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Crackdown on placeholder motions

Measure among changes credited with cutting delays
|Written By Yamri Taddese

Superior Court Chief Justice Heather Smith says her goal of reducing long wait times for civil motions to four months “has been largely met” in Toronto.

‘They’ve instituted changes that are not designed to shorten the time period for having a motion heard; they’re designed to discourage people from bringing motions,’ says Daniel Reisler. Photo: Laura Pedersen

Six months after Smith told Law Times her office was working to reduce delays for civil motions, lawyers are reporting some improvement for short motions. But they say it still takes too long to book long motions and trials.

In a statement to Law Times, Smith said the review efforts initiated in September 2013 and guided by Regional Senior Justice Geoffrey Morawetz divided the work into two phases.

“The first phase focused on reducing the wait times for civil long motions in Toronto. The goal of Phase I was to reduce the extended ‘times out’ to civil long motions in Toronto down to less than four months by the end of 2013. That goal has been more than met — by the end of December 2013, the wait time for a long motion had been significantly reduced to considerably less than four months,” said Smith.

The outcomes, Smith added, are a result of new scheduling practices introduced in the Toronto region. That involved increasing the scheduling capacity by 66 per cent as of November 2013 through adjusting judicial resources and scheduling practices.

“In November 2013, a new practice direction was implemented to eliminate ‘placeholder’ motions and applications,” she added, noting the courts now require a party scheduling a civil motion to file a notice of motion within 10 days and pay a fee or lose the hearing date.

But for civil litigator James Morton, the impact of the change has mostly been on scheduling short motions.

The new requirement, he says, effectively cleared up the traffic of lawyers booking motions “on the off chance that they’ll need it.”

“They’ve sort of cleared up the people booking motions on a maybe,” he adds.

“If people book tables at three restaurants, planning to go to one of them, you’re not going to find a lot of reservations for a restaurant.”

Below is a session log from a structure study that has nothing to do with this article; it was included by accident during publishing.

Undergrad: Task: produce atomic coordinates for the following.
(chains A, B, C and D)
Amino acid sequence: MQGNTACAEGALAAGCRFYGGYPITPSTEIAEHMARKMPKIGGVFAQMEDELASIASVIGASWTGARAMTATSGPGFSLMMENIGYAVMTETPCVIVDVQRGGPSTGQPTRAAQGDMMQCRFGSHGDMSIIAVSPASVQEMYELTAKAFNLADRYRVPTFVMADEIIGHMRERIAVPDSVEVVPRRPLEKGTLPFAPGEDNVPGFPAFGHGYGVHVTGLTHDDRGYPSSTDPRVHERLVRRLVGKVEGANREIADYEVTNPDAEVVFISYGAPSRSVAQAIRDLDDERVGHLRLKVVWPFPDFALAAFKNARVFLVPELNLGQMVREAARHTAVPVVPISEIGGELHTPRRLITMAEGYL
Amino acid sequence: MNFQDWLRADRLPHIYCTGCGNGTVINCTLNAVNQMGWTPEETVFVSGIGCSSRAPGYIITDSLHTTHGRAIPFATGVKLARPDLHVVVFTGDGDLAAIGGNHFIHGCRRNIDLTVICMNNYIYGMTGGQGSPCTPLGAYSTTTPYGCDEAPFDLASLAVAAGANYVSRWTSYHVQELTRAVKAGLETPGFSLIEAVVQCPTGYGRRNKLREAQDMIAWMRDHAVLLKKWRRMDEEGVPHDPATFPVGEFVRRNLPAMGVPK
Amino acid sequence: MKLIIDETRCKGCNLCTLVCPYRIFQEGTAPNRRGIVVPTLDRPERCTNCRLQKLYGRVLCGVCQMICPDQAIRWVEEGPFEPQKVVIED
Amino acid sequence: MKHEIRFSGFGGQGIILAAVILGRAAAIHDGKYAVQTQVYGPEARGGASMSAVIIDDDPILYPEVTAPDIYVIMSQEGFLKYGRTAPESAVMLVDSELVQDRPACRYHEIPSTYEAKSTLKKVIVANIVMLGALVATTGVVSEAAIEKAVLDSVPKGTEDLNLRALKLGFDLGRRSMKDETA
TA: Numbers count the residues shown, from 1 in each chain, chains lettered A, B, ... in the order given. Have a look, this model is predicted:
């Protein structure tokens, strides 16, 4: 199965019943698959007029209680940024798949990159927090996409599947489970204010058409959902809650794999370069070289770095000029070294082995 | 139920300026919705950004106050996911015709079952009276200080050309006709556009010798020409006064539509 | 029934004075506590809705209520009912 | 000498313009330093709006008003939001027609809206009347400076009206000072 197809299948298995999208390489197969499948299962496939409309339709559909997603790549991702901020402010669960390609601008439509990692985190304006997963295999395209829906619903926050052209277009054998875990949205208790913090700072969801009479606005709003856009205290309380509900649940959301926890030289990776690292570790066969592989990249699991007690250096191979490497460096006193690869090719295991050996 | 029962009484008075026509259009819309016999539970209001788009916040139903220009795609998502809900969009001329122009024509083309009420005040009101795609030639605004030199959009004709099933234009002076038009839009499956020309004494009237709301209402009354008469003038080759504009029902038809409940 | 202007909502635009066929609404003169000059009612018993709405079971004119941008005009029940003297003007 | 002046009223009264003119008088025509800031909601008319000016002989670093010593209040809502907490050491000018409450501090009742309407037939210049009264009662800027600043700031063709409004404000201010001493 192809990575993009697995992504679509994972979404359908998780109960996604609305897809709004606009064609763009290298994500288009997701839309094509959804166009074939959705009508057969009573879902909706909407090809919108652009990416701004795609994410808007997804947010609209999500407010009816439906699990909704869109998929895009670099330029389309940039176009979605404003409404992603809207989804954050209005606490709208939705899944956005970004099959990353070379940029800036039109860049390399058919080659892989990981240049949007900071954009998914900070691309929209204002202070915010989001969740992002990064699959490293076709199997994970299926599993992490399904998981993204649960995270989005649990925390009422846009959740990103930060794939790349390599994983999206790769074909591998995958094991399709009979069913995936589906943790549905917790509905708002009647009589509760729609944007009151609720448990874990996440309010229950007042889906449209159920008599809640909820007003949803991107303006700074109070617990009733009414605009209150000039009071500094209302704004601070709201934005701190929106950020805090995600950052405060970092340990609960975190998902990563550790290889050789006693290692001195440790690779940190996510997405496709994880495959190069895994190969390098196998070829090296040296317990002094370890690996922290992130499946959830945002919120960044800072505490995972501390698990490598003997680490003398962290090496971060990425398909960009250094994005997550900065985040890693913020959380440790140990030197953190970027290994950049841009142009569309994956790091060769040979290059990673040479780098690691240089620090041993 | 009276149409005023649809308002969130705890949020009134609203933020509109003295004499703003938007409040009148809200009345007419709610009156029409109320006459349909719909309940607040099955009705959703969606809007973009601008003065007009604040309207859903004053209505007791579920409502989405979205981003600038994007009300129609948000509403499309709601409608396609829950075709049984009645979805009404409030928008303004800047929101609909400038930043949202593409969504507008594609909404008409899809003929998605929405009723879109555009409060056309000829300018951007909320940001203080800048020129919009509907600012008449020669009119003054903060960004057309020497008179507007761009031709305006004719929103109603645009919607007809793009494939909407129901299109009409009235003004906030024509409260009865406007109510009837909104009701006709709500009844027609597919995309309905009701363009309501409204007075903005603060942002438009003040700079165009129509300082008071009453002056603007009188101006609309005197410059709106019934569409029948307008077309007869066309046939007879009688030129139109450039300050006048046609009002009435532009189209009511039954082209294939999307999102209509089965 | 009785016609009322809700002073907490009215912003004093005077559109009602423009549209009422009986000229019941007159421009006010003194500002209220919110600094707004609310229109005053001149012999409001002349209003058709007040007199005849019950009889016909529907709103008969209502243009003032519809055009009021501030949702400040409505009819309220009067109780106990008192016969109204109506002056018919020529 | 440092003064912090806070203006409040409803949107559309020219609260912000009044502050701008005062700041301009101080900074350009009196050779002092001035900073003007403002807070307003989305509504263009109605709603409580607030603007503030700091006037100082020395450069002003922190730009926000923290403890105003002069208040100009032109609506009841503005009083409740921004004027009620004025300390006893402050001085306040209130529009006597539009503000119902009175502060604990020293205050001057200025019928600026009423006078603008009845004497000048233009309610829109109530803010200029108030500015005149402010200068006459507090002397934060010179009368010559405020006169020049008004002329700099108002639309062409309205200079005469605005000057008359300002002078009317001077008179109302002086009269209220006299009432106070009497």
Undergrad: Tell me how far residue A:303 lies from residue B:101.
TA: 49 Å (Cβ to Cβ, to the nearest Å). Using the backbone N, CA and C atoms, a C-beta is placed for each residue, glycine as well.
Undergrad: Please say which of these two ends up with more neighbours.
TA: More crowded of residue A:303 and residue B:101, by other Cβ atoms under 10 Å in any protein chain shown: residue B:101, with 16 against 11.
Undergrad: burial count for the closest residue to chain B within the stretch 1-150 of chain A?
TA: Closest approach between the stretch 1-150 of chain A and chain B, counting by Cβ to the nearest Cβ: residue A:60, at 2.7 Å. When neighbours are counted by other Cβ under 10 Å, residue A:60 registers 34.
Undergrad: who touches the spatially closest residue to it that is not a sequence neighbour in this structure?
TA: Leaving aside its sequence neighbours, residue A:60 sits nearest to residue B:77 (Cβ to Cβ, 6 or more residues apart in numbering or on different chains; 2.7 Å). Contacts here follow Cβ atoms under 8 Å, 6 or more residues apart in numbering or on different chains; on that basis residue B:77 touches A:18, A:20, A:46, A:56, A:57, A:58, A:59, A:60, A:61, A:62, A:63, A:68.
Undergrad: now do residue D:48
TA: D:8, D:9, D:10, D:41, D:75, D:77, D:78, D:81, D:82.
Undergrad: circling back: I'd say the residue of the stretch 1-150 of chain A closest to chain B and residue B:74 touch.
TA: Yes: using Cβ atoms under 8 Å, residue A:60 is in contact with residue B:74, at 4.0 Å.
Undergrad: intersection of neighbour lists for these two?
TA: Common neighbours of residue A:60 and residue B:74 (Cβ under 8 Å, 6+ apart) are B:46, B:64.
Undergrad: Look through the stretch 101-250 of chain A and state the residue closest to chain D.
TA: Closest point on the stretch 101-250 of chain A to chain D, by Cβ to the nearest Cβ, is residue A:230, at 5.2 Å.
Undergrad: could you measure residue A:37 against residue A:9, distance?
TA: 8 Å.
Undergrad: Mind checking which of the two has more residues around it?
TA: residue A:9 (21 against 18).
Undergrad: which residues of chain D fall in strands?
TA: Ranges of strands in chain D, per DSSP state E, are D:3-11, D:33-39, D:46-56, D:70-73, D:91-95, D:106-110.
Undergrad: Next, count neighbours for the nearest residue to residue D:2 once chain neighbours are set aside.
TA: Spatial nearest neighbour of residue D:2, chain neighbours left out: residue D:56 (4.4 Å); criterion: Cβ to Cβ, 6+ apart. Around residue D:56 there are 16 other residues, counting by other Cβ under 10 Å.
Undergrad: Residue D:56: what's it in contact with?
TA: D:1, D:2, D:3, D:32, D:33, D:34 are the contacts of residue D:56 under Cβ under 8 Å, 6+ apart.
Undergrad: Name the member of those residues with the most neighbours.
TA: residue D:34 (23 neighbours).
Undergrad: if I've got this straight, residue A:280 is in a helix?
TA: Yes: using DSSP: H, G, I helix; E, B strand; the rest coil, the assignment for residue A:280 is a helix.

But the change isn’t noticeable for long motions, possibly because lawyers never booked them on the off chance they’d need them, he suggests.

Trial and appellate lawyer Geoffrey Adair, who reports “modest improvements” in booking motions before masters, says quantifying the change has been difficult thanks to what he calls “erratic scheduling” that sometimes results in earlier motion dates and other times can yield long delays.

Adair suggests requiring a notice of motion may not be sufficient to deter placeholder motions. Instead, he believes the courts should require a party to file an entire record of motion 10 days after booking a hearing date.

But for Daniel Reisler, a founding partner at Reisler Franklin LLP, discouraging people from booking motions can’t be a solution to the delays. The fact that lawyers book motions early in case they need them later on shows just how difficult it is to schedule them when they do need them, he notes.

“They’ve instituted changes that are not designed to shorten the time period for having a motion heard; they’re designed to discourage people from bringing

motions,” he says.

Booking short motions is faster now but is “never less than six months,” according to Reisler. He adds that the current scheduling system lacks transparency whereas the previous “running list” approach allowed lawyers to see just how many cases were on the schedule ahead of them.

While the improvement on short motions is good news, not much has changed in the way of long motions, according to Morton. “Anything over about two hours is still ages and ages away in my experience,” he says.

Lawyer Chet Wydrzynski, also of Reisler Franklin, says that’s his experience, too. “Long motions are still very far out. They won’t even give you a date on the phone,” he says.

“And you have to go to long motions scheduling court, which, as far as I’m concerned, is a waste of time.”

Several lawyers echoed similar sentiments about having to spend hours at the long motion scheduling court just to schedule a motion date, something they say should change.

In the meantime, the civil review process is continuing at Greater Toronto Area courthouses including Brampton and Newmarket, Ont., said Smith.

“It is anticipated that certain practices and procedures followed in Newmarket and Brampton may be considered in Toronto region. It is also hoped that Newmarket and Brampton may benefit by adopting certain practices and procedures from Toronto region,” she noted.

She added: “With respect to civil initiatives in Brampton, Brampton already has a rigorous pretrial regime for long civil trials, in which all civil trials expected to take more than five days are pre-tried before a trial date is set. Providing trial dates upon completion of the pretrial ensures that matters are trial-ready before they are scheduled for trial. I understand that Brampton is also considering the initiatives identified in the review.”

For more, see "Lawyers frustrated as motion delays hit 7 months," "Civil litigation delays Smith's 'top priority' for coming year," and "Maintain the momentum."

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